Update: On a second visit (August 4), we adored the tender, earthy porcini; fiori di zucchini, fried zucchini blossoms with an impossibly light, golden coating and a creamy ricotta-basil filling; and cacio e pepe, an intensely peppery, pecorino-flavored pasta, prepared tonight with dense, chewy house-made chitarra spaghetti. We were equally delighted by our new desserts, the creamy tiramisu, garnished with fresh raspberries and a sprig of mint, and the chocolate morsels, textured almost like marzipan, with lovely, unsweetened whipped cream on the side. As for the soul-satisfying fave e cicoria and the papardelle al pesto, these two entrées were just as spectacular as they were the first time. If you’re not careful, your tab at Pecorino may stray into the triple digits for just two people, but, considering that we loved every bite from beginning to end, we left satisfied that we had gotten more than our money’s worth.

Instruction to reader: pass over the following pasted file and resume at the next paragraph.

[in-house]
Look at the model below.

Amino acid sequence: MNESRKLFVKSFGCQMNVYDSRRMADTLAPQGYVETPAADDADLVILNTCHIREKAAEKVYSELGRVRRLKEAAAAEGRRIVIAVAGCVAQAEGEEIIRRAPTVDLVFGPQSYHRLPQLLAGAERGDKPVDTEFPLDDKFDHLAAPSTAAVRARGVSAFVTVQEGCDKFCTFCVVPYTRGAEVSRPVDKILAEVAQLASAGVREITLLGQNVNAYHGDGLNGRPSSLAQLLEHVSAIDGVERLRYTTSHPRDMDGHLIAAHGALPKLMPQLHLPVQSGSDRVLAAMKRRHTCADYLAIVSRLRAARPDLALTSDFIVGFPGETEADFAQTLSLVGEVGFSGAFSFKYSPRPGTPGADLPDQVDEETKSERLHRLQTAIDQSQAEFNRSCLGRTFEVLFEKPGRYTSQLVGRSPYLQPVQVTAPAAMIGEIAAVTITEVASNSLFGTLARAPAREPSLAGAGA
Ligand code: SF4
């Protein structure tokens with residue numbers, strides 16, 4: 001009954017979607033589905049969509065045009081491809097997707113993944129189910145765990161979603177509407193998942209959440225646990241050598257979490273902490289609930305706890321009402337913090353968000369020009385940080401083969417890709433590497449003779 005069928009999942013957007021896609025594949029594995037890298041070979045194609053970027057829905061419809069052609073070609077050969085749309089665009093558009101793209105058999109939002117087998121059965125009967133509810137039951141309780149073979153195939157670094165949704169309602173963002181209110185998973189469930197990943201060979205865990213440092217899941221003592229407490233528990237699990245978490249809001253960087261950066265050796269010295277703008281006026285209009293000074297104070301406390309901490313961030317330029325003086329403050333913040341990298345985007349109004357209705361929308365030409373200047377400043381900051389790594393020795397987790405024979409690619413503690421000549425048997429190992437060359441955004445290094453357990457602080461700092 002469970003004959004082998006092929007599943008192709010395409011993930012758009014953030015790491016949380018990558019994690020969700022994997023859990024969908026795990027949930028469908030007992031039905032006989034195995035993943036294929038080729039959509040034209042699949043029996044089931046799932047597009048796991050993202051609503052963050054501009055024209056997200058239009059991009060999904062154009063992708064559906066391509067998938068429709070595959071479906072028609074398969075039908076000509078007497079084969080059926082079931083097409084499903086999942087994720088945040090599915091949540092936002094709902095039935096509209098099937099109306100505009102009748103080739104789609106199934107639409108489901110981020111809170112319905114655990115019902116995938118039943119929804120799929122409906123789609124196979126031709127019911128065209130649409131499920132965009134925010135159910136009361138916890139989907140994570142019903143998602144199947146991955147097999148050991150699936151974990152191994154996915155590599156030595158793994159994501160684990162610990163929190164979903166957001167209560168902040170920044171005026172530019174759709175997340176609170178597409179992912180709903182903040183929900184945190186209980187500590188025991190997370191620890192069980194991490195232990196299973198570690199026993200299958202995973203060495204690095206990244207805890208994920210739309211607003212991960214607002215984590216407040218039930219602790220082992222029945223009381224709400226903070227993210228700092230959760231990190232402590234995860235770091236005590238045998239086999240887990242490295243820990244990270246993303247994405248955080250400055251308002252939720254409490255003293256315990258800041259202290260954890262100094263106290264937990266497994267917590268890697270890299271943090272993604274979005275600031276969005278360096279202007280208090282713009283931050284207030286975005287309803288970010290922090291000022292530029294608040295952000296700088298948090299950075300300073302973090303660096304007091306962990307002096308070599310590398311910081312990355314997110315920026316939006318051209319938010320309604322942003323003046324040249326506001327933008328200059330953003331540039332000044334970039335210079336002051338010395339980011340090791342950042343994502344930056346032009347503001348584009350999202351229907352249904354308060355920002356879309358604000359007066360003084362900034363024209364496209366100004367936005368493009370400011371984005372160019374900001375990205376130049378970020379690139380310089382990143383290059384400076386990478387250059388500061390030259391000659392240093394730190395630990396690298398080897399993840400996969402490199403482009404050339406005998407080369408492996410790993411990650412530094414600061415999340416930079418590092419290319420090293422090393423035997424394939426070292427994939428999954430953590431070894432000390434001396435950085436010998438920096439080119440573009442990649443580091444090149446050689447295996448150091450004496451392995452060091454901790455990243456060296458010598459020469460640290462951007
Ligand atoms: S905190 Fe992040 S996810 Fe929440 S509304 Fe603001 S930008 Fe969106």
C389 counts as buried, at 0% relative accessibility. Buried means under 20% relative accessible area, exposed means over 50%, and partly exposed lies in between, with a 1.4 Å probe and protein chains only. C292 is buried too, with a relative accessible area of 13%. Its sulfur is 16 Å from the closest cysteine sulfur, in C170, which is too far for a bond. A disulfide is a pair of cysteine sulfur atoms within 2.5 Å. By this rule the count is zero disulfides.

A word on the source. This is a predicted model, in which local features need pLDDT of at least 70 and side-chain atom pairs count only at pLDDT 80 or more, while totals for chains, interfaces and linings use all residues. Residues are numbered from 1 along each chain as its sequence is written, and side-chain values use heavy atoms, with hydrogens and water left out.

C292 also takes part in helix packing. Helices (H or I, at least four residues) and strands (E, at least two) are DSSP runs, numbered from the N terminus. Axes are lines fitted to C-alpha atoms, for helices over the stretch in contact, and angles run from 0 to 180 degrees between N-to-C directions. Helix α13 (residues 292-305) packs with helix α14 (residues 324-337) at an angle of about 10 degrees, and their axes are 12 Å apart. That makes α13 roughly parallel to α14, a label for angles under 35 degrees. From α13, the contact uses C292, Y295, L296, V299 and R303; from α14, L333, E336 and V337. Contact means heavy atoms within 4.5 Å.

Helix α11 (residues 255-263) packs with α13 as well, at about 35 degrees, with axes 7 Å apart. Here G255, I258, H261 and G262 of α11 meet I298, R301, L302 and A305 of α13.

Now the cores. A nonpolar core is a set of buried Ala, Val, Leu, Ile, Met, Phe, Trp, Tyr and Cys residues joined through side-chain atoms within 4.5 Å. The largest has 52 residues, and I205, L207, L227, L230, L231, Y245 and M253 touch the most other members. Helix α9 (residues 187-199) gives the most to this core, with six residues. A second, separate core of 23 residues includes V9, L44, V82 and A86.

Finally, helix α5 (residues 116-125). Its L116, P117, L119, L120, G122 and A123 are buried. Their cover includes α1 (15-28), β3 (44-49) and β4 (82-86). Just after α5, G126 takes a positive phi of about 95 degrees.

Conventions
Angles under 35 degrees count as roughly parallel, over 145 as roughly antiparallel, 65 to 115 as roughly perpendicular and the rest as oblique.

Pecorino (11604 San Vicente Blvd.) had caught our eye with its leguminous menu, and it fully lived up to its promise, offering savory authentic dishes. We loved both soups: pasta e ceci (chickpeas seasoned with rosemary and filled out with a home-style egg pasta) and fave e cicoria (pureed fava beans, slightly funky, with pleasingly bitter sautéed chicory on top). For our entrées, we had more beans in our papardelle al pesto, a hearty combination of the broad egg noodles with fava beans, green beans, juicy peas, and the eponymous pecorino; we balanced this with tagliolini al pomodoro, a thin pasta in a tangy red sauce. For dessert, we had millefoglie, strawberry mousse layered between crisp almond wafers, which the native-Italian younger half of our duo said gave him “intense pleasure.” We don’t want to leave out the warm slices of fresh bread served with a garlicky chickpea spread, which kept us happy while we waited for our soup, or the ambience, elegant but still cozy and friendly.The Brentwood Italian